While it’s safe to say that Audemars Piguet’s SIHH was somewhat tumultuous, it wasn’t without its more crowd-pleasing fare. Among a handful of new Royal Oak expressions, we find what might be the most well balanced and sweet-on-wrist of the lot, the new 38mm Royal Oak Selfwinding Chronograph. While perhaps not a surprise offering from the house of the Audemars Piguet Royal Oak Selfwinding, this all-new model retains the charm of the standard Royal Oak while adding an automatic chronograph in a trio of colorways that sing on wrist.
I think that, provided you’re into the general vibe of a Audemars Piguet Royal Oak Selfwinding , these new 38mm chronographs are really really good. Offered in pink gold with a silver-white dial or steel in either a silver-on-grey dial or a blue-on-white/white panda dial, the three combinations offer something a bit sporty, a bit more reserved, or a bit more boss (ok, a lot more boss).
At 38mm across with screw-down pushers, 50m water resistance, and an automatic movement, the case is only 11mm thick and the whole package feels solid, thoughtful, and undeniably fun. Also available in a 41mm version that has been around for some time, while 41mm isn’t exactly large in the modern watch game, these new models err closer to the Royal Oak’s spiritual home of 39mm and, for my wrist and eyes, feel better proportioned than the larger version.
Despite dropping those three millimeters, the new 38mm Audemars Piguet Royal Oak Selfwinding Chrono still employs the same movement that is used in the larger RO chronograph (and also many past models), the Selfwinding Caliber 2385. Based on the Frédéric Piguet 1185, this column-wheel chronograph movement features an integrated design, a rate of 3 Hz, and 40 hours of power reserve.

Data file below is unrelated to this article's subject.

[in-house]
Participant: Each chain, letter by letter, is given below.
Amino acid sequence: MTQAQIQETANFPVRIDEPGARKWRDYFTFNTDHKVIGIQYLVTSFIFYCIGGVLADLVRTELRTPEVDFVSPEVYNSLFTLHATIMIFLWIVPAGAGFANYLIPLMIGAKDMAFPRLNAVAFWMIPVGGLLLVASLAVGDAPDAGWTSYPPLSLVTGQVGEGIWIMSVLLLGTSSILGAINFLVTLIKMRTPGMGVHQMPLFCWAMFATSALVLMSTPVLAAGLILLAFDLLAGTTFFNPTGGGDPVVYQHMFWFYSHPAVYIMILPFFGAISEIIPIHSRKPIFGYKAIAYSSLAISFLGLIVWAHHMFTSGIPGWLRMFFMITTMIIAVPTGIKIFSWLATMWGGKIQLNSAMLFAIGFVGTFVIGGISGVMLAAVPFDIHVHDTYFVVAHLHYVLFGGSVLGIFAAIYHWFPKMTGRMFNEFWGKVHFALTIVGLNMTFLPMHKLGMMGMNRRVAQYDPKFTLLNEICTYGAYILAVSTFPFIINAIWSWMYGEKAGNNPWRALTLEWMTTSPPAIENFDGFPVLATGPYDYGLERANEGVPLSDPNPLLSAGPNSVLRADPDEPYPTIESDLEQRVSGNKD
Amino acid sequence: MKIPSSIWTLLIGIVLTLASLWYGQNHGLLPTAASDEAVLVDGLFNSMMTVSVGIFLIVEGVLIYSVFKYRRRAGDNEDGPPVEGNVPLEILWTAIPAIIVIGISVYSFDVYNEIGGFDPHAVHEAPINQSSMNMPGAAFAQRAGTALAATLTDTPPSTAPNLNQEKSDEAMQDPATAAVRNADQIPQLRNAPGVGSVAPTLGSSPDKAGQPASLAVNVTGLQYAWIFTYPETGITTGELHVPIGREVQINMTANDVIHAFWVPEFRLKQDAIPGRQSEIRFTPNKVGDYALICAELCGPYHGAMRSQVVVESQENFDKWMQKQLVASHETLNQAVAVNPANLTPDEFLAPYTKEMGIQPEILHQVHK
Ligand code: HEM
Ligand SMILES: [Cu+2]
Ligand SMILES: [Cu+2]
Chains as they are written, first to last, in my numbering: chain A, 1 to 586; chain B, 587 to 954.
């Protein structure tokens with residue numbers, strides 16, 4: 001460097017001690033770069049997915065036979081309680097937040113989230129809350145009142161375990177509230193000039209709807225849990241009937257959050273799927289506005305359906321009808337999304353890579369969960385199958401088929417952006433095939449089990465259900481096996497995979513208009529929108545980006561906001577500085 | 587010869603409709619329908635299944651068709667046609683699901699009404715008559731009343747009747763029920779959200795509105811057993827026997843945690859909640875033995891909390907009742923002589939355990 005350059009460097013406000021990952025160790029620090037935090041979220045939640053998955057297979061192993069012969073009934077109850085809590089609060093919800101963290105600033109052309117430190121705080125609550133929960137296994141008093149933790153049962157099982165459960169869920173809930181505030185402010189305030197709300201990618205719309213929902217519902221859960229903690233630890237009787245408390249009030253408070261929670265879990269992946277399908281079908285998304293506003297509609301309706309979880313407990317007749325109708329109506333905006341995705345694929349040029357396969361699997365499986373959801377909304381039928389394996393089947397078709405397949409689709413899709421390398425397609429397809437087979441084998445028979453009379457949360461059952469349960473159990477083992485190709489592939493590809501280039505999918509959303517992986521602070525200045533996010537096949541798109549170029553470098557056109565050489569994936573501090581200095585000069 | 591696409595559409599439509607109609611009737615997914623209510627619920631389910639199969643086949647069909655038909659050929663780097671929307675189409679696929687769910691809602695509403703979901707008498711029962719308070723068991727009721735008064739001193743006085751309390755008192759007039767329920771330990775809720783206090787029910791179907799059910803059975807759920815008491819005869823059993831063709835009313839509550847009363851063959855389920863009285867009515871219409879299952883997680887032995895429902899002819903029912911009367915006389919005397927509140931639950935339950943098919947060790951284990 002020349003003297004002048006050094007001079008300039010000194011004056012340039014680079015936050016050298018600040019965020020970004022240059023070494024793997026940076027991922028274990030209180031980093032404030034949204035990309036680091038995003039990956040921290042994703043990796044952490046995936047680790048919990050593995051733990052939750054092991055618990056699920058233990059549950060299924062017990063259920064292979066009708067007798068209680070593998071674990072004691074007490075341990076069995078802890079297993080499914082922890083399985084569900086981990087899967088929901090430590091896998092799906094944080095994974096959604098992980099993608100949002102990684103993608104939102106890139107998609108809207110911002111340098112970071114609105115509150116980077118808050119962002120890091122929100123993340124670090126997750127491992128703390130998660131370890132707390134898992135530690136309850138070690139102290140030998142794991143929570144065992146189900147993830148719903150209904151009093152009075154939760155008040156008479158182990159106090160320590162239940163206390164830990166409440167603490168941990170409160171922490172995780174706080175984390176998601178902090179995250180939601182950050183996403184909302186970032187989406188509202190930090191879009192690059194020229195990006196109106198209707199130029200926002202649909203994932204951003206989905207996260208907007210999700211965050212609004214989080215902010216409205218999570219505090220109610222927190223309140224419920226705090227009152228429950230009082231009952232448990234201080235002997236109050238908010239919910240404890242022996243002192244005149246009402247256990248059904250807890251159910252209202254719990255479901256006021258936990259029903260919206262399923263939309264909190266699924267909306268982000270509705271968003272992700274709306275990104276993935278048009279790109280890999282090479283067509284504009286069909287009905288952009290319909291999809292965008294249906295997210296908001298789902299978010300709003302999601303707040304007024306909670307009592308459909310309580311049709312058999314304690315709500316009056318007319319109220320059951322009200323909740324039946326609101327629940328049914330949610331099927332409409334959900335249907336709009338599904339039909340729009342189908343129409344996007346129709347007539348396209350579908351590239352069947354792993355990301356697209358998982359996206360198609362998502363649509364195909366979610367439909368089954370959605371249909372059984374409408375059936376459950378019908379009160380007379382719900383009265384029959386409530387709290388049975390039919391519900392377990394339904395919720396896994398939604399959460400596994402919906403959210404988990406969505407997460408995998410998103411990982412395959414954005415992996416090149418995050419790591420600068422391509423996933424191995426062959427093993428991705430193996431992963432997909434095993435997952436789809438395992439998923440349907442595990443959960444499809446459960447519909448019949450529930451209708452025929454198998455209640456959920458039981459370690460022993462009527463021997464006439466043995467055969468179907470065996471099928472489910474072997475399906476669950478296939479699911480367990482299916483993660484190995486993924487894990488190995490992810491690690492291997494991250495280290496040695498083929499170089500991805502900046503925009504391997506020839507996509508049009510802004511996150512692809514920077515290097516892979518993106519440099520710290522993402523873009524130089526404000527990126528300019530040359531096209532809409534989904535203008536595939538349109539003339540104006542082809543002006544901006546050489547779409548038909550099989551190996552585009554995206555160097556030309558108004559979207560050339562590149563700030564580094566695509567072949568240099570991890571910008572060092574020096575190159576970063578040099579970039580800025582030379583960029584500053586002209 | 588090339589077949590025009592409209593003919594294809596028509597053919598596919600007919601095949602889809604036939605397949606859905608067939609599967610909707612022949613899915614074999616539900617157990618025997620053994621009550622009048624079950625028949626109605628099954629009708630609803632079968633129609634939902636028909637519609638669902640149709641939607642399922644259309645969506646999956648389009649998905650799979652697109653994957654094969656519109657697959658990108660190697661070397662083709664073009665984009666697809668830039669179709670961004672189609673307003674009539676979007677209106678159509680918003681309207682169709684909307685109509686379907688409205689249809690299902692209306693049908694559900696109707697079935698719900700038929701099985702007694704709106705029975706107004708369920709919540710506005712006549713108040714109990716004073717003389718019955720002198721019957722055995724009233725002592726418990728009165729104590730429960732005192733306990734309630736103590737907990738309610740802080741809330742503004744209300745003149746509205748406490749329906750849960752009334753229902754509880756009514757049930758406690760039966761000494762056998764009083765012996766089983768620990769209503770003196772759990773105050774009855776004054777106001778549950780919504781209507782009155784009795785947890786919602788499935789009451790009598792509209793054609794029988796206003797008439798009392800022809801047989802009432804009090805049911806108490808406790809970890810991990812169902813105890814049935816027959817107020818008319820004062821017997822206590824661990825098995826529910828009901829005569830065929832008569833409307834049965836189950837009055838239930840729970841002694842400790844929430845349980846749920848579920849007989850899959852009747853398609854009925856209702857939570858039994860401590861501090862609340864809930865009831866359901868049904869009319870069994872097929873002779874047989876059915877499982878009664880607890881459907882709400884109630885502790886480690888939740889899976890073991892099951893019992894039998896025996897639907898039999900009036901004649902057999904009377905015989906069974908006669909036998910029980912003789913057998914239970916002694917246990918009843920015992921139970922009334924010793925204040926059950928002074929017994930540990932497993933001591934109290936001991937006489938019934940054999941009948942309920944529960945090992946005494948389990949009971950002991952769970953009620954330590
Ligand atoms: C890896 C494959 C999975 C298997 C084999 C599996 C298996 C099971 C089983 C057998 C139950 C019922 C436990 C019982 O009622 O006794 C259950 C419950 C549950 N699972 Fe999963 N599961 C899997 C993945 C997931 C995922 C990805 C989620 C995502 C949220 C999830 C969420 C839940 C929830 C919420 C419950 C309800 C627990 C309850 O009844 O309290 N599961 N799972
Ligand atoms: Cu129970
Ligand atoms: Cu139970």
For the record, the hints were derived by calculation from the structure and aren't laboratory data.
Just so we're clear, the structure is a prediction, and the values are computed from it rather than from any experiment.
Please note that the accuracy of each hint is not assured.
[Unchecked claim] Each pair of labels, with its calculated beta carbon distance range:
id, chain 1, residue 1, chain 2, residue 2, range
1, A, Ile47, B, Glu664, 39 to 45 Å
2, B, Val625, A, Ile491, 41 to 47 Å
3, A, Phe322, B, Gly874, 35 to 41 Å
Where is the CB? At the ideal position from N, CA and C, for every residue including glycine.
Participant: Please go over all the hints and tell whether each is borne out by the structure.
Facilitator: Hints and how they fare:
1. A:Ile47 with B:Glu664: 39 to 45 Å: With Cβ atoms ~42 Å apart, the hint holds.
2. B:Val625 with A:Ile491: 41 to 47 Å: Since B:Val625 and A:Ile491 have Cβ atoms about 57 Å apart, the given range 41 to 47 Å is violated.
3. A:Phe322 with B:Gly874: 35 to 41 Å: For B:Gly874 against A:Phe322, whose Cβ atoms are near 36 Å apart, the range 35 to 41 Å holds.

For those reading this and finding it hard to see the appeal, there is something so special, so right, about a Royal Oak on wrist. If you can, swing by an AP boutique and try on a few examples. I honestly didn’t fully understand the draw until I tried on a solid gold 5402 (now it’s a grail). And while I’m not at all a chronograph guy, the chrono display nestles so nicely into the “Grande Tapisserie” dial on these 38mm chronographs that I almost don’t mind the date at 4:30. Almost.
The grey/silver is low key, the blue on white/silver is sporty and really good, but you know your boy is all about the solid pink gold version with the white/silver dial. Priced at $23,800 in steel and $52,700 in gold, the new Royal Oak Selfwinding Chronograph is little more than a re-working of the Royal Oak proportions but it’s a strong example of less being more (even in solid gold).